Petraeus issues new rules of engagement for the war in Afghanistan

Petraeus revised the Afghanistan rules of engagement, which are guidelines for when and how the US and other NATO troops under his command can shoot to kill. The full directive is classified, according to the International Assistance Force in Afghanistan (ISAF), the mission Petraeus leads. But the excerpts from Petraeus’s rules released on the ISAF website place more emphasis on the appropriateness of lethal force than the McChrystal order it replaces.

While emphasizing the logic at the heart of the COIN doctrine (“if we use excessive force or operate to the contrary to our counterinsurgency principles, tactical victories may prove to be strategic setbacks”) and calling for no use of artillery or air power “when civilians are present” it does say there are two exceptions.

What are they? That precise language is redacted “due to operational security; however, they have to with the risk to ISAF and Afghan forces,” the website says.

Petraeus also says that troops should not be placed at any more risk than necessary:

“We must remember that it is a moral imperative both to protect Afghan civilians and to bring all assets to bear to protect our men and women in uniform and the Afghan security forces with whom we are fighting shoulder-to-shoulder when they are in a touch spot,” Petraeus writes [Emphasis in original]. “This directive, as with the other previous version, does not prevent commanders from protecting the lives of their men and women as a matter of self-defense where it is determined no other options are available to effectively counter the threat.”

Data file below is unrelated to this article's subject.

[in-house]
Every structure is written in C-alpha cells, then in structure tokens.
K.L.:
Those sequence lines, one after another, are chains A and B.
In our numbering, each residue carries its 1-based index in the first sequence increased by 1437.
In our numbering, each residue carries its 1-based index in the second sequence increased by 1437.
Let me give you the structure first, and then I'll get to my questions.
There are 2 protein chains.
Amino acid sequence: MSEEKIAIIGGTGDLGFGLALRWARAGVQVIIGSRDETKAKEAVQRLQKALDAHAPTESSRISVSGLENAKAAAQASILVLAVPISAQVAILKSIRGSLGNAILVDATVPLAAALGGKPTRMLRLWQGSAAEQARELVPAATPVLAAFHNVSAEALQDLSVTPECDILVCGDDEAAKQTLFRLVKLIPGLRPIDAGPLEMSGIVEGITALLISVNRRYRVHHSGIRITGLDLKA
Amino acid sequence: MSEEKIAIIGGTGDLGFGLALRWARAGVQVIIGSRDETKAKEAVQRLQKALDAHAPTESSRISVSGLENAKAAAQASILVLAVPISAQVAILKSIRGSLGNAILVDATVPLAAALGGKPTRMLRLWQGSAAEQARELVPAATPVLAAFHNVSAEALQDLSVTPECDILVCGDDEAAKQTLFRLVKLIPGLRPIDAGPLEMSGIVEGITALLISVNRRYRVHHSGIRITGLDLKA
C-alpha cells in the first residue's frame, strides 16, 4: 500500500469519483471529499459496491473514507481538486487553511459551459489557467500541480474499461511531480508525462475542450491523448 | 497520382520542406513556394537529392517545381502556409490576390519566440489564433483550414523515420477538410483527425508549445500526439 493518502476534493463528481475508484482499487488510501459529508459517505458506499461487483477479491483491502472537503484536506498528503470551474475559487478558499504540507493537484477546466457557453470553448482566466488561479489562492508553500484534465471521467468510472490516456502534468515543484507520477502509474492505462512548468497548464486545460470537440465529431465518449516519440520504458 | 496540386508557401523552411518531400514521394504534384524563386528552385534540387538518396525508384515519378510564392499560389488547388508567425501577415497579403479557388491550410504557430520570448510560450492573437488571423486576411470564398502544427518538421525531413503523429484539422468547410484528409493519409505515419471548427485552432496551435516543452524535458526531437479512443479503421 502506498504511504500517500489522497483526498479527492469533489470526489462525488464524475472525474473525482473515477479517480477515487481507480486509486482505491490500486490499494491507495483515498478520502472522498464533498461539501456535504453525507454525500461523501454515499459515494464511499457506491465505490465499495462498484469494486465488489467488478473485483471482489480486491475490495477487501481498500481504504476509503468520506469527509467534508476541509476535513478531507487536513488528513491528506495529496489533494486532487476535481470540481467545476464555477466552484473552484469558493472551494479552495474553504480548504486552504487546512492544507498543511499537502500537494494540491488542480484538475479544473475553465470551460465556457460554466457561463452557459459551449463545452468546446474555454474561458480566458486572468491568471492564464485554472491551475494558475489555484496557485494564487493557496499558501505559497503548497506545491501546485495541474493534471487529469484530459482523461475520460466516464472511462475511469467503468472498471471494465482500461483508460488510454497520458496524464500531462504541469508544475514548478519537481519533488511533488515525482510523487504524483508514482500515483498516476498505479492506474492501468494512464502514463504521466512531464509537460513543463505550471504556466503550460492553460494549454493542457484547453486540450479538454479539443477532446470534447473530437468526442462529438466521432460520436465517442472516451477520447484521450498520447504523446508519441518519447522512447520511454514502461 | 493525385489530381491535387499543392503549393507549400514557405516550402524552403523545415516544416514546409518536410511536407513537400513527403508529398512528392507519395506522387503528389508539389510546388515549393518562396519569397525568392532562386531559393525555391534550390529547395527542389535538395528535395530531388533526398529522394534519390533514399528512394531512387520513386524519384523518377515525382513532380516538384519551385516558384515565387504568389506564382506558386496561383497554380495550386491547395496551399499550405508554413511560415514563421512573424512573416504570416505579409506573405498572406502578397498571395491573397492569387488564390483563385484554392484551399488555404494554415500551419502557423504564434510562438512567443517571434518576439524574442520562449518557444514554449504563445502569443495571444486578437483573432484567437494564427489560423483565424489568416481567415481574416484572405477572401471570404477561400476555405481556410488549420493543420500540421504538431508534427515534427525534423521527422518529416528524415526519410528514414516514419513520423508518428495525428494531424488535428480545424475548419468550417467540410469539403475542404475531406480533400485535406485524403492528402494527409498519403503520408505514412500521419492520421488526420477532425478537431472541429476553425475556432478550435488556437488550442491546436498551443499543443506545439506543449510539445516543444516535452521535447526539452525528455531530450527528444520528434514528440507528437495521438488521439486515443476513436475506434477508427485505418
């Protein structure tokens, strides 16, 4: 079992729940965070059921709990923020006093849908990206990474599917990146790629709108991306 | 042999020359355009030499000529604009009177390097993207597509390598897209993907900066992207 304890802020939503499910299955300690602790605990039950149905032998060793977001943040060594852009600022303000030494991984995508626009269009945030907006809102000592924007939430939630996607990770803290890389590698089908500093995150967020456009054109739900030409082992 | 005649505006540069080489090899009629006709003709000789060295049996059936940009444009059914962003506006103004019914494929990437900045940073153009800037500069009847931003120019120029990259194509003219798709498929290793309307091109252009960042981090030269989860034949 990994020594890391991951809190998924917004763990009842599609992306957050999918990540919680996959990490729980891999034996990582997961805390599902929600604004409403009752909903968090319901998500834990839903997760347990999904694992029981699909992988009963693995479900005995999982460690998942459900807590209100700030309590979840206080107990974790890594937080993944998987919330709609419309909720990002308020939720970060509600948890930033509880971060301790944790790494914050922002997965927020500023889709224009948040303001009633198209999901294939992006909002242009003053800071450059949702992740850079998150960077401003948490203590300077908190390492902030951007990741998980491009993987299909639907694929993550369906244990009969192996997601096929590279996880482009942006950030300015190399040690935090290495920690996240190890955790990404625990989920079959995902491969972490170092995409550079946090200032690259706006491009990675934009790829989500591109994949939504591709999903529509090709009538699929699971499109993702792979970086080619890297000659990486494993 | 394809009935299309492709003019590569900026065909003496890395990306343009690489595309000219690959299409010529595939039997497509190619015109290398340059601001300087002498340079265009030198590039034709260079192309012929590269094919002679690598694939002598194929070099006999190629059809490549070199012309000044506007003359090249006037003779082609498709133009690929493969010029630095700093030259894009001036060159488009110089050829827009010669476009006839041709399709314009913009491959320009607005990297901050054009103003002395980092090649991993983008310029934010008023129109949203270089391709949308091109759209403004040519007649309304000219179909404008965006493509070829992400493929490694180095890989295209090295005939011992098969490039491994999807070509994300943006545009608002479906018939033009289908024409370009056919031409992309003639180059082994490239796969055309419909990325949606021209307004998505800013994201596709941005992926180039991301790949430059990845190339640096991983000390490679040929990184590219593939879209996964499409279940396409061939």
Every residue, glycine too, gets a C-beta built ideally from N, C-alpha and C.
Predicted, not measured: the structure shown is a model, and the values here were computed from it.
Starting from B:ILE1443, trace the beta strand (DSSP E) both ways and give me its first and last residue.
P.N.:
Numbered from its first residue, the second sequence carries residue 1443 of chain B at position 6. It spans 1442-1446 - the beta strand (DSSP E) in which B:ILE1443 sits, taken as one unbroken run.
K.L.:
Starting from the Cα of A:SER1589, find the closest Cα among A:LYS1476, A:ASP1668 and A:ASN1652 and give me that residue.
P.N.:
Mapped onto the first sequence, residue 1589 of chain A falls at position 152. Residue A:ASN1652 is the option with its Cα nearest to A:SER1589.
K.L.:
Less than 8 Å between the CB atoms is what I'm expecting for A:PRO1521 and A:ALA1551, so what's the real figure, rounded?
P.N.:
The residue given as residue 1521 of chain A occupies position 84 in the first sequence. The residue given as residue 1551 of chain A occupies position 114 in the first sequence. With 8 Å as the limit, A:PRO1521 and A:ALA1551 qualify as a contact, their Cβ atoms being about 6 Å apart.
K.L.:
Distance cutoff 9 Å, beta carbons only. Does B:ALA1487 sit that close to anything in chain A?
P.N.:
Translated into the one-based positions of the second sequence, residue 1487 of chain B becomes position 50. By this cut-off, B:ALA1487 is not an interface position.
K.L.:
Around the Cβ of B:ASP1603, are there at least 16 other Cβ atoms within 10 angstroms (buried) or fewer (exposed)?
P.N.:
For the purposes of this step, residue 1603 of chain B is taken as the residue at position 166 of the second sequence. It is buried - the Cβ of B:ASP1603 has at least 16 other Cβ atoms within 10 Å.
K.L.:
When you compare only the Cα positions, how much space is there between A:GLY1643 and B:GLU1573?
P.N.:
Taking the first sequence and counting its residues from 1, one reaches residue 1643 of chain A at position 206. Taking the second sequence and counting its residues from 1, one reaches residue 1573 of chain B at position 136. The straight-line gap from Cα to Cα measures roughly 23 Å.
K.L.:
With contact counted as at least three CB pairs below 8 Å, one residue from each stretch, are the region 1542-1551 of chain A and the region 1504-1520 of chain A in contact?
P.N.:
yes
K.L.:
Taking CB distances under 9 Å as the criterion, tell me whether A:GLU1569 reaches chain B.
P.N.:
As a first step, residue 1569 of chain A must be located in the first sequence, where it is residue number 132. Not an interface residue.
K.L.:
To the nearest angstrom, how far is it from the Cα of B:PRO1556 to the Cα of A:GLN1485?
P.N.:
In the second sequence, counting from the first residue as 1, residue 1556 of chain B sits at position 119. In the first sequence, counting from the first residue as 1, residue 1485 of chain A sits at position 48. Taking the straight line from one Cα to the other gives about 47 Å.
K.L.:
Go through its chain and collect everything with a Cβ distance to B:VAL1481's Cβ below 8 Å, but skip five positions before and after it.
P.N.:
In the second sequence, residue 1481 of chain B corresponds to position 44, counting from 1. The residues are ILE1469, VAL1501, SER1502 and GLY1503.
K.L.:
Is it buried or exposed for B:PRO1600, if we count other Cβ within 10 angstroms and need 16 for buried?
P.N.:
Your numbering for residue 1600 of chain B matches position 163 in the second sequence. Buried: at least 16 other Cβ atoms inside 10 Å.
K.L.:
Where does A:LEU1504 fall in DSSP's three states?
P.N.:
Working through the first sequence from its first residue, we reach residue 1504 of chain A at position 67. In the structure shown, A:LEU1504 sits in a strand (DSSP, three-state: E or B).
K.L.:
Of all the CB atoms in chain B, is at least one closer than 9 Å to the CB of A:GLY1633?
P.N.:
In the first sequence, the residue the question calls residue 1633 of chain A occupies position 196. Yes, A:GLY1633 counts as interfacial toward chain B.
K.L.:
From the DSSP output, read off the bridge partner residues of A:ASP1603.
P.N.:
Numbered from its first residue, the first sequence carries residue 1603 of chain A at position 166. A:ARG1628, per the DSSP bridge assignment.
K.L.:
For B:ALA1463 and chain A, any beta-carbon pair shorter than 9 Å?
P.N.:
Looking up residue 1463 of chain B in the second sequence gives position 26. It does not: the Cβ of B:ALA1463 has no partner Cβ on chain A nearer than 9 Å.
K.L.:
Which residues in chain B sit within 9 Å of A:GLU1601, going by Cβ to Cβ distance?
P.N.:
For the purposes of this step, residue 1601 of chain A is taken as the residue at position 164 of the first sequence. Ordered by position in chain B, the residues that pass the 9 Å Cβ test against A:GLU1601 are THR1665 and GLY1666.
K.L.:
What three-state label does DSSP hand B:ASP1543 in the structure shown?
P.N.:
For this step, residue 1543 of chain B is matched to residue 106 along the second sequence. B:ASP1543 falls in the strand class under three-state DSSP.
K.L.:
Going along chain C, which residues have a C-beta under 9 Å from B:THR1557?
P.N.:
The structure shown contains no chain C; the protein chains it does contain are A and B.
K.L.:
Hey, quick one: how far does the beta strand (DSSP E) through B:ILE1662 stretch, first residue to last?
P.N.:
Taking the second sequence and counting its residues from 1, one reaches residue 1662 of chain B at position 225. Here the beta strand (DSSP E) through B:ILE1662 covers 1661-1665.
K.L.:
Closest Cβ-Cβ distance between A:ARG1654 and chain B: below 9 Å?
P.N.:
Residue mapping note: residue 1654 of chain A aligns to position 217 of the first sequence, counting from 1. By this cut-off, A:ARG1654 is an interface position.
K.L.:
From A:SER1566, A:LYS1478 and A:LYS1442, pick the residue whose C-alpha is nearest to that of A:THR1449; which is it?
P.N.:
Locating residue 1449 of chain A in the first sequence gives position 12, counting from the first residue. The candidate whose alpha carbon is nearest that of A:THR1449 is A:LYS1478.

According to the CS Monitor:

The nuanced shift in the rules is no surprise. Some officers privately said that under McChrystal the priority on protecting Afghan civilian lives had become too doctrinaire and that, in practice, officers were reluctant to return fire or use artillery against attacking insurgents because of the presence – or possible presence – of Afghan civilians among them.

“We believe the most pertinent issue in play is uneven application of the [previous] tactical directive,” said Lt. Col. John Dorrian, the operations spokesman for NATO’s International Security Assistance Force. The new guidelines, he said, are “intended to ensure that everyone is on the same page.”

Karzai had publicly praised the measures taken by McChrystal to reduce deaths and injuries of noncombatants, and expressed hope that Petraeus would keep them in place. The new directive did not appear to set off any alarm bells; presidential spokesman Waheed Omar said Karzai had seen it and considered it “basically … not very different” from McChrystal’s approach.


One Response

  1. […] this summer, after he resigned in June. But McChrystal’s replacement, Army Gen. David Petraeus, issued a tactical directive update last month that appeared to reinforce many of the previous […]

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